cr> Medical Privacy


(Introduction from moderator: Remember the bill S. 1360, introduced
into the U.S. Senate to determine how medical records could be stored
and shared?  It set off quite a fight between the CDT (which supported
the bill) and Jamie Love's TAP (which opposed it).  CDT has released a
newsletter explaining new measures that improve the bill by making it
harder for law enforcement agencies, researchers, etc. to get patient
information without the patient's consent.  I think it's significant
and important emough to post here.--Andy)

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  The Center for Democracy and Technology  /____/     Volume 2, Number 14
     A briefing on public policy issues affecting civil liberties online
 CDT POLICY POST Volume 2, Number 14                          April 12, 1996

CONTENTS:   (1) Key Senators Strengthen Medical Privacy Bill:
                Mark-up Set for April 24
                (2) Subscription Information
                (3) About CDT, contacting us

This document may be redistributed freely provided it remains in its entirety
       ** Excerpts may be re-posted by permission (•••@••.•••) **

(1) Key Senators Strengthen Medical Privacy Bill: Mark-up Set for April 24

Today, Senators Nancy Kassebaum (D-KA) and Edward Kennedy (D-MA) released a
stronger, more privacy-sensitive rewrite of the Medical Records
Confidentiality Act (S.1360), also known as the Bennett-Leahy bill after
its chief sponsors. The bill is scheduled to be considered by the full Labor
and Human Resources Committee on April 24. If the Committee approves the bill,
S.1360 will be ready to be voted on by the full Senate in the coming months.

The revised Bennett-Leahy bill incorporates many of the key changes
recommended by CDT (see CDT policy post March 19, 1996) and members of a
CDT-led coalition, including AIDS Action Council, the Legal Action Center,
the Center for Patients' Rights, IBM, AARP, the American Hospital
Association, and the Association of Academic Health Centers. In addition, the
bill includes revisions suggested by Public Citizen, the Coalition for
Patient's Rights, the ACLU, and EPIC.

In its current form, CDT believes that S.1360 is an extremely strong and
enforceable medical privacy bill, which would give people the right to see
their own records, prohibit disclosures of most personal medical data without
the patient's consent, and bring heavy criminal and civil penalties to bear
on those who violate the law. The revised S.1360, like its predecessor, is
more stringent than any medical records privacy law currently on the books at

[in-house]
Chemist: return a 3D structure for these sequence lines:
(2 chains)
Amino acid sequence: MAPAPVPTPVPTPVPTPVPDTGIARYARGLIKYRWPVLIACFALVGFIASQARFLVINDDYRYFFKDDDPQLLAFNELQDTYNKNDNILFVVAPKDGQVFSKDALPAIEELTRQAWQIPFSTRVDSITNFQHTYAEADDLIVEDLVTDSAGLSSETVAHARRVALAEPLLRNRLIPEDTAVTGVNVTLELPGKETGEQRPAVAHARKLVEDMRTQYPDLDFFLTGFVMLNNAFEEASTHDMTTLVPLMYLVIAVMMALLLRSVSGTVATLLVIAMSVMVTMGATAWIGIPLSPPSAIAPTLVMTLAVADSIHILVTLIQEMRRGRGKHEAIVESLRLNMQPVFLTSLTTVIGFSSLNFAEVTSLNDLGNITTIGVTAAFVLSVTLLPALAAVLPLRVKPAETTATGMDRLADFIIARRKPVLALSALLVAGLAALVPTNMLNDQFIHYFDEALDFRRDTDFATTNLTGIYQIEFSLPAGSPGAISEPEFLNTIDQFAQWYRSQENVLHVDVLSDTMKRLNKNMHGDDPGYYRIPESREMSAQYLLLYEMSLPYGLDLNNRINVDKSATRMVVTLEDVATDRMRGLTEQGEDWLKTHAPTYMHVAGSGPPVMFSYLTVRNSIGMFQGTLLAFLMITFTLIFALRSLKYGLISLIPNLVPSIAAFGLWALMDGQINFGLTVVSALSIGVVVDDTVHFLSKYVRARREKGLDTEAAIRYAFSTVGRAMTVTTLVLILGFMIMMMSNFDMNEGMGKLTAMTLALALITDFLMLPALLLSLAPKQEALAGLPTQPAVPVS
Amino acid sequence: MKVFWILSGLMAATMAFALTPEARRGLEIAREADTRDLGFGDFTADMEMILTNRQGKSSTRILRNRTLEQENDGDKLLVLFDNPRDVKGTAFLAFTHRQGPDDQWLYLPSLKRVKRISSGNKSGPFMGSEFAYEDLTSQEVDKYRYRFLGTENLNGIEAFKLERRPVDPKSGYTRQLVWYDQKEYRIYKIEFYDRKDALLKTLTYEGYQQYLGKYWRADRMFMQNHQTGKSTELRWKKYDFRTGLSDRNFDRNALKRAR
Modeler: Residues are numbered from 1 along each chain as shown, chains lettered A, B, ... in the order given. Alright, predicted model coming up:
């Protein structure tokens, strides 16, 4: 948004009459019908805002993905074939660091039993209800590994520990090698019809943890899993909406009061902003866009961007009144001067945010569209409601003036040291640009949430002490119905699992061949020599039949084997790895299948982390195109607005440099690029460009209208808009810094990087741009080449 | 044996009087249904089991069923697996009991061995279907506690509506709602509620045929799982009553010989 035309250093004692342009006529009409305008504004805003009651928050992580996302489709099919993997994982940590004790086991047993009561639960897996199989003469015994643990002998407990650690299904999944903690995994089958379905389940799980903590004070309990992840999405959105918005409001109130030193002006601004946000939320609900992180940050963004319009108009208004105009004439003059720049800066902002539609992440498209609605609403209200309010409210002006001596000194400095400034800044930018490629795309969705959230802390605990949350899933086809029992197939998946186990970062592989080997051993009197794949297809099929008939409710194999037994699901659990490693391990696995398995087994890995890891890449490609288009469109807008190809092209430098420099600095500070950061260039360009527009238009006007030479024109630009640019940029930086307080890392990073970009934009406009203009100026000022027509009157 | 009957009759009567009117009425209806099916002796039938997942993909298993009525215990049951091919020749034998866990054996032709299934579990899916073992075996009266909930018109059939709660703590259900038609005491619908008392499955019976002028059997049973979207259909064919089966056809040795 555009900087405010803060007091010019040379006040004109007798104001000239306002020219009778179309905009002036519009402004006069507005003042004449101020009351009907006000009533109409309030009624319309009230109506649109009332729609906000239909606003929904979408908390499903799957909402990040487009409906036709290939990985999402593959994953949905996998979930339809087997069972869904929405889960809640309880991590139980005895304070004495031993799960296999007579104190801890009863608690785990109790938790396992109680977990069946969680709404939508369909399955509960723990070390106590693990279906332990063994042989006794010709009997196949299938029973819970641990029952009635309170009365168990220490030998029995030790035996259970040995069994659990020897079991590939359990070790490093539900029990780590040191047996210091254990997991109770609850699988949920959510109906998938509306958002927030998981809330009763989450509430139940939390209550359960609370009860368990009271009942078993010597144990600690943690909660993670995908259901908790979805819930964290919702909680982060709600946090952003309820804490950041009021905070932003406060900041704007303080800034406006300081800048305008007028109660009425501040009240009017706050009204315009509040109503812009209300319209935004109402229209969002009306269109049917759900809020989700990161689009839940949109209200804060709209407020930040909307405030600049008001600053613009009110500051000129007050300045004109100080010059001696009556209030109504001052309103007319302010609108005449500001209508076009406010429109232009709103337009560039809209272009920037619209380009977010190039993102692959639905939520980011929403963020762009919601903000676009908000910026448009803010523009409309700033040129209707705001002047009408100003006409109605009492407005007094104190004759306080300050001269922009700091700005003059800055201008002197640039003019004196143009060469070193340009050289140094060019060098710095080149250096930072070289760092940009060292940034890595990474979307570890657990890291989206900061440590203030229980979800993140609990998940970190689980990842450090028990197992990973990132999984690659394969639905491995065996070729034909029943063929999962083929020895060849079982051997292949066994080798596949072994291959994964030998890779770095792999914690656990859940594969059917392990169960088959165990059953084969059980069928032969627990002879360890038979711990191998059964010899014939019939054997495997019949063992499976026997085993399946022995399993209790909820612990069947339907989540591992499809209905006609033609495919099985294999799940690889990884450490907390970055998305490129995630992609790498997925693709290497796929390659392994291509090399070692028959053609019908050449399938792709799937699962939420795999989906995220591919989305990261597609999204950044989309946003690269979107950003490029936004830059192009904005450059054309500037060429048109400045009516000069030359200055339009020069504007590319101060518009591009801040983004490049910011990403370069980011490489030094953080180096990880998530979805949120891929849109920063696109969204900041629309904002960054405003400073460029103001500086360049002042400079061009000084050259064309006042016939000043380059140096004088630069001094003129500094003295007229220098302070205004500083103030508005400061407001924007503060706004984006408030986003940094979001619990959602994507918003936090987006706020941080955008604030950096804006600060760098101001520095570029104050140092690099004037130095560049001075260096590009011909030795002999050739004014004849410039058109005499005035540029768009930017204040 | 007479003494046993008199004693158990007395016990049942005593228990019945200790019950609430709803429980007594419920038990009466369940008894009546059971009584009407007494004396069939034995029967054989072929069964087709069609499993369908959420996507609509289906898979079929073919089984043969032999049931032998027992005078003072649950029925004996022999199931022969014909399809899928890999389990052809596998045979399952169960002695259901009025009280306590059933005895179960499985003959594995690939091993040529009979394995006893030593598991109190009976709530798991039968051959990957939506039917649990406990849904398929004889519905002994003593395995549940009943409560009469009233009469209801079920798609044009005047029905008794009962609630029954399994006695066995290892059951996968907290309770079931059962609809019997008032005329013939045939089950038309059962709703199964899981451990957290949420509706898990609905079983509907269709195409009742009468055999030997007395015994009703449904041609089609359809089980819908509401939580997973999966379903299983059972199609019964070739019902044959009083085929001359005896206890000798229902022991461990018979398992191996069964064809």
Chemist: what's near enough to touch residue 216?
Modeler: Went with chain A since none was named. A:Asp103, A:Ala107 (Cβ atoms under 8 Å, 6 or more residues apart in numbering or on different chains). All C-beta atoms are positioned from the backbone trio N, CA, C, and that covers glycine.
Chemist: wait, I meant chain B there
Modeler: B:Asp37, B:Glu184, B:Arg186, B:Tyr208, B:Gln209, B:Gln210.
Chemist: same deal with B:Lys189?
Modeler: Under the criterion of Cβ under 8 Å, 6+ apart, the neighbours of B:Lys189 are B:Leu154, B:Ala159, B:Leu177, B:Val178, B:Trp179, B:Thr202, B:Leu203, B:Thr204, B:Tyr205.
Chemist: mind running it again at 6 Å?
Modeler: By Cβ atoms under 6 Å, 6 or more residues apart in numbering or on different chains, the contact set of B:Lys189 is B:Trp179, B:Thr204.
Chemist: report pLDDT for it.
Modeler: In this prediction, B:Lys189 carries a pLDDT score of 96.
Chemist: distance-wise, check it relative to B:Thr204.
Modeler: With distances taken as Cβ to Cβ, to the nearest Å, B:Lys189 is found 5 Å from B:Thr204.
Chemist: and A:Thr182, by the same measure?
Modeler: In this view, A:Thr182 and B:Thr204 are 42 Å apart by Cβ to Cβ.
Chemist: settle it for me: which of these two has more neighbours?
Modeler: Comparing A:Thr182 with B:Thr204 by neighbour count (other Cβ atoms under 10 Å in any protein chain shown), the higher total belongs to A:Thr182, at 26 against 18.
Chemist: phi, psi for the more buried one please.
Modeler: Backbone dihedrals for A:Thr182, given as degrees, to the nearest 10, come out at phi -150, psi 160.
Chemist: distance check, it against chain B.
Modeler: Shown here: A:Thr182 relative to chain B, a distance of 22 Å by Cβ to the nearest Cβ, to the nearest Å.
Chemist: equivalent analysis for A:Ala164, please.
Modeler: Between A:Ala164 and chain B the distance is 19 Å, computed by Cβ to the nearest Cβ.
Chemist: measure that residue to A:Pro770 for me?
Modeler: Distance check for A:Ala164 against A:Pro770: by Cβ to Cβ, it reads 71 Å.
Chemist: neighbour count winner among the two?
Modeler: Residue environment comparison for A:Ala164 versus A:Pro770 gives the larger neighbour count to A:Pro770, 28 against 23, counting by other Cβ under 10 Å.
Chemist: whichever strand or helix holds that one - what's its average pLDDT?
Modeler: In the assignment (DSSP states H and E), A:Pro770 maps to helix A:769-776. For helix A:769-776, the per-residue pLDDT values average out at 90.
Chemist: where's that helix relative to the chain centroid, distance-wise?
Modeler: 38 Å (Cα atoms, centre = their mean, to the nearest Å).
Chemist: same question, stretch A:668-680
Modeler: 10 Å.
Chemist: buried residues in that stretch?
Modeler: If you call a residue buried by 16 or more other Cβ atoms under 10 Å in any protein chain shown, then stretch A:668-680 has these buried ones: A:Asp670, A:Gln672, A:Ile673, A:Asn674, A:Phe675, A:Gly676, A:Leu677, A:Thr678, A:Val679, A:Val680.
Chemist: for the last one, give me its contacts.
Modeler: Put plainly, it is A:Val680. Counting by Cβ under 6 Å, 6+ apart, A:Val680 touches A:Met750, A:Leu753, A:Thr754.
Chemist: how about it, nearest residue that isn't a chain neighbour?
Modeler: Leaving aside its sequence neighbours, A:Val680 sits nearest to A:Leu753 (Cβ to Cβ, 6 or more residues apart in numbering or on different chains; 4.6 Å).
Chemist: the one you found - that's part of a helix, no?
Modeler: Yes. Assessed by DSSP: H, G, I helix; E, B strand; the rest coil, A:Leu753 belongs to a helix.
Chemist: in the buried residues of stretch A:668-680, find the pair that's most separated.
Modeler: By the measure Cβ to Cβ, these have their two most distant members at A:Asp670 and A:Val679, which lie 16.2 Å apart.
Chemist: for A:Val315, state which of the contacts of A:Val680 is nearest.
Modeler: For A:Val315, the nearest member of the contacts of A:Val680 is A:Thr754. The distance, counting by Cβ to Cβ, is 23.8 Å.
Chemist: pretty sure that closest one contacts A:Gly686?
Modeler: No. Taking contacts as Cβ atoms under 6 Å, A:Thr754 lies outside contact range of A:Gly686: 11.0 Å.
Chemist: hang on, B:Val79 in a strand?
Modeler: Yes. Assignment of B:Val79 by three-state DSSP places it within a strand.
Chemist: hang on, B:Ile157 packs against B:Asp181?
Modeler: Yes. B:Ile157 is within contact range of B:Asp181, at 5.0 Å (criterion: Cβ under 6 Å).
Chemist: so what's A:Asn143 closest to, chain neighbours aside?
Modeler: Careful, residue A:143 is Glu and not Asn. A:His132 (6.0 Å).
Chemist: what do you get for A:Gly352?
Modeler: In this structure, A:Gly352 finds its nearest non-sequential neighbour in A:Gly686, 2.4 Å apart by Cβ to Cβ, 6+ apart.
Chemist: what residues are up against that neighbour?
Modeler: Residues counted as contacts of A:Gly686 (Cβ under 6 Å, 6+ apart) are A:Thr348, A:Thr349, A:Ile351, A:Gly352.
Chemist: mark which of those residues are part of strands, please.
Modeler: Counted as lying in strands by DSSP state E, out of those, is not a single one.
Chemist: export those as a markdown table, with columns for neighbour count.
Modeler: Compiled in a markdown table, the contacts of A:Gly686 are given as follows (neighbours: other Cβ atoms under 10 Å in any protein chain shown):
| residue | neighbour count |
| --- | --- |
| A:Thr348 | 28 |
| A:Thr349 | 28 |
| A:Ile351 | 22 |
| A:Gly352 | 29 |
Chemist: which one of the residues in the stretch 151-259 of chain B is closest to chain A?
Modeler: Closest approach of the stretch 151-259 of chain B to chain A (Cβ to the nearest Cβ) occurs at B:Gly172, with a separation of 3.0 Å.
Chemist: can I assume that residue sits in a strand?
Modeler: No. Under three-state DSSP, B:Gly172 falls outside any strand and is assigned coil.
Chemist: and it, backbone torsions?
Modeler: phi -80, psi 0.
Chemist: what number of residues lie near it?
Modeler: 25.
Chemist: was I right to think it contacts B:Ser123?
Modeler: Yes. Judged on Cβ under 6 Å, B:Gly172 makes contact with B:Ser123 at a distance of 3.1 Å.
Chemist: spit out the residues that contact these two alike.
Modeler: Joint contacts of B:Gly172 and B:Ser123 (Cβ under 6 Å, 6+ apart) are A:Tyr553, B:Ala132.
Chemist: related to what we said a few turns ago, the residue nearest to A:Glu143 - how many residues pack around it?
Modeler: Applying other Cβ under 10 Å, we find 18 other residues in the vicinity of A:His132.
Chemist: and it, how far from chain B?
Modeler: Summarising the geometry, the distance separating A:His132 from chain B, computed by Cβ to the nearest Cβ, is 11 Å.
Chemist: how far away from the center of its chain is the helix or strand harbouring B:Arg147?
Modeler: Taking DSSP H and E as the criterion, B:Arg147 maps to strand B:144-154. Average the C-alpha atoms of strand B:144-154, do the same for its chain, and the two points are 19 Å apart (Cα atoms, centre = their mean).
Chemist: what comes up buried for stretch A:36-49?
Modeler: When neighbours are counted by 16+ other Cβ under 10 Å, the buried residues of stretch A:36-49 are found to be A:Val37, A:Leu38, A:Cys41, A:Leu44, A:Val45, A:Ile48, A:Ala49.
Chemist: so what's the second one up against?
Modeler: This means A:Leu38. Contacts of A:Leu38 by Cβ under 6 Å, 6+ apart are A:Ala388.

either the state or federal level. If passed, the Bennett-Leahy bill will
give people the greatest degree of control over the use and disclosure of
their personal medical data. CDT hopes that the Senate Labor Committee will
unanimously approve the amended S.1360.

Significant changes to S. 1360 include:

 o  A new section has been added to S.1360 that lays out the principles
underlying the bill, including that people have a right of confidentiality
in their medical records that is being eroded, and that such erosion may
jeopardize the quality of health care by reducing peoples' willingness to
confide in their doctors.

 o  The revised S.1360 narrows instances under which protected health
information may be disclosed without the individual's consent. Under S.1360
as introduced, a number of disclosures of personal health information were
allowed without the individual's consent, such as to researchers and for
the purpose of creating nonidentifiable data. Both of these exceptions to
consent have been eliminated. S.1360 now requires researchers who want
access to identifiable data to get the record subject's consent, unless
they can meet a waiver standard already in place for federally funded

 o  The revised S.1360 removes "health information services" from being
treated as trustees, and now only allows them to receive personal health
information with an individual's consent. Now, trustees, such as doctors,
hospitals, and insurance companies, must anonymize personal health
information prior to disclosing it to health information services, such as
EDS or Equifax. A health information service may only strip the identifiers
if they are under the control of a trustee as an employee or contractor.
This change is a major improvement in the bill, which will significantly
limit the number of people who get access to sensitive medical data.
Overall, the bill creates a big incentive to use health data in
nonidentifiable form.

 o  S.1360 now includes a higher "clear and convincing evidence" standard
that law enforcement must meet before a warrant can be issued for access to
personal medical information.

 o  S.1360 has now been narrowed by clarifying that insider access to medical
records must be limited. The bill now states explicitly that internal
disclosures of personal health information must be compatible with and
directly related to the purposes for which the information was collected.

For more information on the Medical Records Privacy legislation, including
the text of the S.1360 as introduced and as revised (once it is made
available), CDT's recommended changes to S.1360, CDT's testimony before the
Senate Labor and Human Resources Committee, and other relevant information,
visit CDT's Health Information Web Page at:

For additional information contact

The Center for Democracy and Technology    +1.202.637.9800

        Janlori Goldman, Deputy Director
        Deirdre Mulligan, Staff Counsel


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End Policy Post 2.14                                           4/12/96

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